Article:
With the independence of India came the third and most public of Radhakrishnan’s roles. In 1948, he was named as the first Ambassador of India to the Soviet Union then headed by Stalin (1948-1952). While he had little personal sympathy for Marxist thought, he realized that he was in a key post at a crucial time, as the Cold War was turning hot with the outbreak of war in Korea and the possibility of war spreading to other parts of Asia. He had written a book on the relations between India and Chinese philosophy and so had a particular interest in events in China.

Radhakrishnan was among the few in India who studied deeply Buddhist philosophy and tried to place the Buddha in the context of Indian thought. Thus events of Southeast Asia and the French war in Indochina were of particular concern.

In 1952, he returned to India to become Vice-President and in 1962 became the President of India for a five-year term. In the Indian political system, executive power is in the office of the Prime Minister rather than the President. During Radhakrishnan’s political life the Prime Minister was Jawaharlal Nehru who shared many common interests but who kept a close hold on political decision making.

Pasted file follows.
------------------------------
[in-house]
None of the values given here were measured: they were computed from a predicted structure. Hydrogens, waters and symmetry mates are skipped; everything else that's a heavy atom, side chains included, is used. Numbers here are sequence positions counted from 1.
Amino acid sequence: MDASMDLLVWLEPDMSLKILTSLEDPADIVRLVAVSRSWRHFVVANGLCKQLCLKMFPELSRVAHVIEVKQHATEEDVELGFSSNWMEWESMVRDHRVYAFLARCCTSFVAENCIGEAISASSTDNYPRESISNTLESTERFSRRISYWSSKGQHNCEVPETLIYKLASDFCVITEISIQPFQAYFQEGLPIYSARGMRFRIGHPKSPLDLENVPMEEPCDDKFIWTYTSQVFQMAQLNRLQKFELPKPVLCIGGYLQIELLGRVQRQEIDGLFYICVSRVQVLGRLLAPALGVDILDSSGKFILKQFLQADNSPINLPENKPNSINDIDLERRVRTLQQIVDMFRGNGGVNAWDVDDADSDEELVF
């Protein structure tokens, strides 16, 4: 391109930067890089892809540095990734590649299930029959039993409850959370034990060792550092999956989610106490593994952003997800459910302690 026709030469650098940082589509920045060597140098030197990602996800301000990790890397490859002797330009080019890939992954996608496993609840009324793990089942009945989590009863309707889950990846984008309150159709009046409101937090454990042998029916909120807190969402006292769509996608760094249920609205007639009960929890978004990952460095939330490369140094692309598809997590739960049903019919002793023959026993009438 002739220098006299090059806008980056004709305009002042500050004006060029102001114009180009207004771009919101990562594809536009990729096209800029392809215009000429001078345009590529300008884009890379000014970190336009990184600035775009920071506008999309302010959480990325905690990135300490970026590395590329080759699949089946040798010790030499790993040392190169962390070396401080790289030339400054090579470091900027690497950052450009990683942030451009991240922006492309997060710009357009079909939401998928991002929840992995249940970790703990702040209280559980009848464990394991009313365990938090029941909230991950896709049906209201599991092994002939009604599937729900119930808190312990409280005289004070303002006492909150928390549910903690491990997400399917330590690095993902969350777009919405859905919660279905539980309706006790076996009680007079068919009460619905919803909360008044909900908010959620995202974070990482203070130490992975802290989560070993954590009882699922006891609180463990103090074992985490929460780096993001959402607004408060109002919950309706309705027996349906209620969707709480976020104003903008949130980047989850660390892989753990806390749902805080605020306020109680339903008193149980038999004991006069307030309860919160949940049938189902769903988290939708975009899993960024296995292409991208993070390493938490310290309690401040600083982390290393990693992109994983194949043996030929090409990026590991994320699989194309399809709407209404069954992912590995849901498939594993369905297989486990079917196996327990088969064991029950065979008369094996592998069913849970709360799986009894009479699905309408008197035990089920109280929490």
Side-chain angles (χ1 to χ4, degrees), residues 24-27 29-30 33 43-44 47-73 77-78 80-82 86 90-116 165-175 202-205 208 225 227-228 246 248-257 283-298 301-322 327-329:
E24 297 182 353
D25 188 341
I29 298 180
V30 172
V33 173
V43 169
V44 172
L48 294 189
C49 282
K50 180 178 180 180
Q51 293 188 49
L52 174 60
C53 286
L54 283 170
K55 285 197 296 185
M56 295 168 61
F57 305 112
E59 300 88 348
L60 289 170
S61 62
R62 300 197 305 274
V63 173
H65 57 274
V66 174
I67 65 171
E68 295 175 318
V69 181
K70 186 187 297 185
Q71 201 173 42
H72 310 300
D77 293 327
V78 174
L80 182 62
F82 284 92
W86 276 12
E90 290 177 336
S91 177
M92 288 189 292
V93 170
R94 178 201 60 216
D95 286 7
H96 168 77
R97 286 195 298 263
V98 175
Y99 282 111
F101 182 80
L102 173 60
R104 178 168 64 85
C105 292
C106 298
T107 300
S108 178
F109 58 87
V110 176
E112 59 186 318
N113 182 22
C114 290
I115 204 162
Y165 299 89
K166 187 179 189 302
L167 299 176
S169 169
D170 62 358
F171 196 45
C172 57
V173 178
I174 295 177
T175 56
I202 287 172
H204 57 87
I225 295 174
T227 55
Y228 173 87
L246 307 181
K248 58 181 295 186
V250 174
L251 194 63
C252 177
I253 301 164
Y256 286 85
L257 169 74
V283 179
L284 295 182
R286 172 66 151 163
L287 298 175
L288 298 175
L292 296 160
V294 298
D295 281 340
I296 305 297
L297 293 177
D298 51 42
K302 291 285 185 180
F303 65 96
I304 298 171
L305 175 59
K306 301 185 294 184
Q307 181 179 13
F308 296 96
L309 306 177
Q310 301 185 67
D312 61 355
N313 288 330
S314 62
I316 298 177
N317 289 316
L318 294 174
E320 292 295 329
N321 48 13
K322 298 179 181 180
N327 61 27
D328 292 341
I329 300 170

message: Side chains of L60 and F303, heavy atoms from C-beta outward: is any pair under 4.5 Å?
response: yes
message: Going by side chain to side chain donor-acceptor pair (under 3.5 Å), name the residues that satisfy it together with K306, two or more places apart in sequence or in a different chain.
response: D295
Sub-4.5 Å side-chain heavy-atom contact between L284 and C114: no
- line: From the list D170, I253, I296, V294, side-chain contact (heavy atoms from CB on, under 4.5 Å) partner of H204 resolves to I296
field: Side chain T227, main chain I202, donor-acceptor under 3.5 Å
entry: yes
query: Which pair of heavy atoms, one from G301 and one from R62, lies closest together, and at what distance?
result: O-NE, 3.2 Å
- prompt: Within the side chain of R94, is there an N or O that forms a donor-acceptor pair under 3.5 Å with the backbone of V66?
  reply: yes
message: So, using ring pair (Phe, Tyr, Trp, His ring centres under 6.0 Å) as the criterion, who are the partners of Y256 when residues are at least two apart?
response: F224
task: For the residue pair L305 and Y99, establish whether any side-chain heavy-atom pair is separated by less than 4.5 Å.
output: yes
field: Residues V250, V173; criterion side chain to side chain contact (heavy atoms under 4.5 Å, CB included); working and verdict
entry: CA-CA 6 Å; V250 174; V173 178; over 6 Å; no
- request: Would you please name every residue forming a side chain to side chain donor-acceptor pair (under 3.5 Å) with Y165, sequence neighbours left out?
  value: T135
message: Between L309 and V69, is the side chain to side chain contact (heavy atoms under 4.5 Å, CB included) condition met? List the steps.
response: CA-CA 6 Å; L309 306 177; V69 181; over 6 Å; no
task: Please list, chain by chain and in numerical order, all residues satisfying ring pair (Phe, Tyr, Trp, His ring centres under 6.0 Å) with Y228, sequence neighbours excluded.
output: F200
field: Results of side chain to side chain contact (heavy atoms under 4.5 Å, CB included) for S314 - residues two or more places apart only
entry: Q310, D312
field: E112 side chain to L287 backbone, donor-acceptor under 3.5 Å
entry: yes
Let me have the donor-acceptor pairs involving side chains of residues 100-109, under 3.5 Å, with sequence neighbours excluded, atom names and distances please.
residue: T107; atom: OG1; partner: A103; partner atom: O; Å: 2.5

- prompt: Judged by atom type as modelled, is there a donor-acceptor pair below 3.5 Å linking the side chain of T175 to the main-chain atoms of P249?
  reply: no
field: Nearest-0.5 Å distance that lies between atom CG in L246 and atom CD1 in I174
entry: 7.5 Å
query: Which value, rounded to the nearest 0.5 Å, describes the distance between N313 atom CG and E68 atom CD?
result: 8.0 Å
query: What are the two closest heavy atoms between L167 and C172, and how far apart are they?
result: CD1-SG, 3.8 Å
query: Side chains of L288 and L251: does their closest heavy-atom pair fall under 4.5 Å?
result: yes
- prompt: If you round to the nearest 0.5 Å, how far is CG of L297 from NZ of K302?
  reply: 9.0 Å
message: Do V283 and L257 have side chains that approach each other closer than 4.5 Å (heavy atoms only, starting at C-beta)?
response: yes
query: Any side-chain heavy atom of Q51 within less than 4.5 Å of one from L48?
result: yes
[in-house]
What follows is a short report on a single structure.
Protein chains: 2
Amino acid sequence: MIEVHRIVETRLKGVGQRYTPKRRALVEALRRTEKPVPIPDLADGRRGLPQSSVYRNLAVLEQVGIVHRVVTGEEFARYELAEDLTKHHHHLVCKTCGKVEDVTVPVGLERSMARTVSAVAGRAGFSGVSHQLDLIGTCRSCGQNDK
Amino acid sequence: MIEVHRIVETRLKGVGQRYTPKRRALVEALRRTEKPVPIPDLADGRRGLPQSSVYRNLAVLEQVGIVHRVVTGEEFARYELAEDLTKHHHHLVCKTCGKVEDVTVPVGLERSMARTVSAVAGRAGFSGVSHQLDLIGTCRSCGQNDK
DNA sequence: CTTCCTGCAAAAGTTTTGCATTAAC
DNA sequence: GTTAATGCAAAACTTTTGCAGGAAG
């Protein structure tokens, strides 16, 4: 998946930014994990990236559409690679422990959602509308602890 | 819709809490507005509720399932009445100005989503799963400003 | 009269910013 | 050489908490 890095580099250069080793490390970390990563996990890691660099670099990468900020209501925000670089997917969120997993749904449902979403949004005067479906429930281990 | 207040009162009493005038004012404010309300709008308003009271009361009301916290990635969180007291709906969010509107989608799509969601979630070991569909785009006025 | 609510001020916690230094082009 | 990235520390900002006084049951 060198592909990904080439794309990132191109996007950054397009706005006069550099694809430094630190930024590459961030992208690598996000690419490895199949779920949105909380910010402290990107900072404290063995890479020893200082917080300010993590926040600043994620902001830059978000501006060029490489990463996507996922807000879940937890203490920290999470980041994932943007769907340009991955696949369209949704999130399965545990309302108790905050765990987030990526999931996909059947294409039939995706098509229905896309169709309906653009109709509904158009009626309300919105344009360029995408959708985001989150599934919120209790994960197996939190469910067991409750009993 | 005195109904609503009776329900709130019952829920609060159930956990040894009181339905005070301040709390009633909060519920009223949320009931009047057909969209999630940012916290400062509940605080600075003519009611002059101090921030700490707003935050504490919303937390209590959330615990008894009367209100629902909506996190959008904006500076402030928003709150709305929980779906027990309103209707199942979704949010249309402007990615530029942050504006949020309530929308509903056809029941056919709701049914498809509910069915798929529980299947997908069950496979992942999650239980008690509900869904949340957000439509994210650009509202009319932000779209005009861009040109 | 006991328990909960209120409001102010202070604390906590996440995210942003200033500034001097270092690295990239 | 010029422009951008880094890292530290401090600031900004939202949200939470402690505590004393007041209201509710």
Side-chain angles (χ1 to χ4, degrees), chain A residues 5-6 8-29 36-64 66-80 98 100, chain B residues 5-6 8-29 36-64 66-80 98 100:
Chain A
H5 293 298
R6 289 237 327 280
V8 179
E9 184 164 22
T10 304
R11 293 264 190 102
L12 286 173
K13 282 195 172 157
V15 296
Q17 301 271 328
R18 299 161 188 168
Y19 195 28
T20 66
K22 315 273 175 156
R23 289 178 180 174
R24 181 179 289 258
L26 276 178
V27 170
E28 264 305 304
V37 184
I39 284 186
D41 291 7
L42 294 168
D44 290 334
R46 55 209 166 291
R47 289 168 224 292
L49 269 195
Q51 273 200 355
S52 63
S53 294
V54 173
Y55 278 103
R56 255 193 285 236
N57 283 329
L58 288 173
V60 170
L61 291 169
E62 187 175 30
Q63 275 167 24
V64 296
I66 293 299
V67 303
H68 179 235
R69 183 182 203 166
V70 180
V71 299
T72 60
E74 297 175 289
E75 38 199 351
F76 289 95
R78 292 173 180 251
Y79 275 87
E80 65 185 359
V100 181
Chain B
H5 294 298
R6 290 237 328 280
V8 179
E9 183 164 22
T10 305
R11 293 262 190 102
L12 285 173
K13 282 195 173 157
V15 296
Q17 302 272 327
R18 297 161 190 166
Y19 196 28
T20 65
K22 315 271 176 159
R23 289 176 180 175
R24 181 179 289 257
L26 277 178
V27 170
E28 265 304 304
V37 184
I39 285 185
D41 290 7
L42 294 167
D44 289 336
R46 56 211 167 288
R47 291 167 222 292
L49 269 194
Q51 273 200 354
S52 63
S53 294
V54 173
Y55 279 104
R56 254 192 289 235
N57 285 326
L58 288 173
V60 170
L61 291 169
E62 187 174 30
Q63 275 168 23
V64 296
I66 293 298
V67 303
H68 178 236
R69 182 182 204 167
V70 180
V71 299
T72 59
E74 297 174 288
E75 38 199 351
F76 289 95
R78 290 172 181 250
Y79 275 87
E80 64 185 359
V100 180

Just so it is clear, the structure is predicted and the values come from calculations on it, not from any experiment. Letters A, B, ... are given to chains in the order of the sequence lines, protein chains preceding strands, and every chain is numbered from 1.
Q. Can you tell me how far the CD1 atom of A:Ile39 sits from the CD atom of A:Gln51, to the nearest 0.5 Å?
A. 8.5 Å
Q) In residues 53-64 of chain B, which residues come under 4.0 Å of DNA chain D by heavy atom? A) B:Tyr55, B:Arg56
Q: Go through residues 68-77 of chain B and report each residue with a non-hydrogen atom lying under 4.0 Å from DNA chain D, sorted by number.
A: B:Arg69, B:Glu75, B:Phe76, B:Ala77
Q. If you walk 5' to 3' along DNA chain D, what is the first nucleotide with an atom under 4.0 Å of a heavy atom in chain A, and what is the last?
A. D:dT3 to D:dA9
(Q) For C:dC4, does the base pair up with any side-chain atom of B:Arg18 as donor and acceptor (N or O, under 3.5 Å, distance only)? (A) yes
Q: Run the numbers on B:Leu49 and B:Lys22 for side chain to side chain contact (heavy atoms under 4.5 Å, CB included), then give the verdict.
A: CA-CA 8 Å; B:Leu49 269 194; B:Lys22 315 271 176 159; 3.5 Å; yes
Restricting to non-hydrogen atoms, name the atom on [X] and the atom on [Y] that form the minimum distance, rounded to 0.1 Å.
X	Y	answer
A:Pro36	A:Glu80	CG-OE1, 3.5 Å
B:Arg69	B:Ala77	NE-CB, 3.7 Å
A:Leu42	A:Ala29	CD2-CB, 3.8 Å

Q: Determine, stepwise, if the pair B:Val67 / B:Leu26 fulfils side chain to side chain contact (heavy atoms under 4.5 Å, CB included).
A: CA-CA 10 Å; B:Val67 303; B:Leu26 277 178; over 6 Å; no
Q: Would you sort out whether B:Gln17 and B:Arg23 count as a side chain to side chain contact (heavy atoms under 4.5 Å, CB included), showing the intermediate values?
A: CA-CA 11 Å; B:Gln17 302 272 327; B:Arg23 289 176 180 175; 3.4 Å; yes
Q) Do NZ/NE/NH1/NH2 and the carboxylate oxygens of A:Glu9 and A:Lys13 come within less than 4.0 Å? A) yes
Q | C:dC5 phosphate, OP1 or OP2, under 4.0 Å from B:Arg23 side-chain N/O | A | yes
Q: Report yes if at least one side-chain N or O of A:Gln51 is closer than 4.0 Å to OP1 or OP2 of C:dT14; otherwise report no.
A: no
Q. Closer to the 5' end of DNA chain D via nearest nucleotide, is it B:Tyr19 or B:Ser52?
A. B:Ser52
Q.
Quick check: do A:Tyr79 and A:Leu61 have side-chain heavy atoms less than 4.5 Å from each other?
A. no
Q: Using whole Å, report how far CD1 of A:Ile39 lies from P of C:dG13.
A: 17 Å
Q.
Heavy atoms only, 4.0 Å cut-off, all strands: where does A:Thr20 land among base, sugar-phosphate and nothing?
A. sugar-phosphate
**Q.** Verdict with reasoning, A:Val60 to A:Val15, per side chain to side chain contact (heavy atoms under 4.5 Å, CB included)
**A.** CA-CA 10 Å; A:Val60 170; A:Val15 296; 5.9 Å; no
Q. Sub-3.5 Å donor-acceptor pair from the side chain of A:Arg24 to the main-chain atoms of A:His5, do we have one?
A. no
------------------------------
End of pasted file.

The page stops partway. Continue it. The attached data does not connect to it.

Radhakrishnan put his political energy into the area he knew best, the improvement of university education and the development of culture. As a man of south India in a government dominated by people of the north, he was a symbol of national unity. As a person with deep knowledge of both Indian and Western philosophical thought, he was the model of the “meeting of East and West.” A true world citizen.

* * *

For a useful overview of his philosophical thinking see Paul A. Schilpp (Ed). The Philosophy of Sarvepalli Radhakrishnan (1952)

For a good picture of his bridge-building role, see S. J. Samartha, Introduction to Radakrishnan: The Man and His Thought. Dr. Samartha was Director of the program Dialogue among Living Faiths at the World Council of Churches in Geneva.

Prof. René Wadlow is President and Chief Representative to the United Nations Office at Geneva of the Association of World Citizens.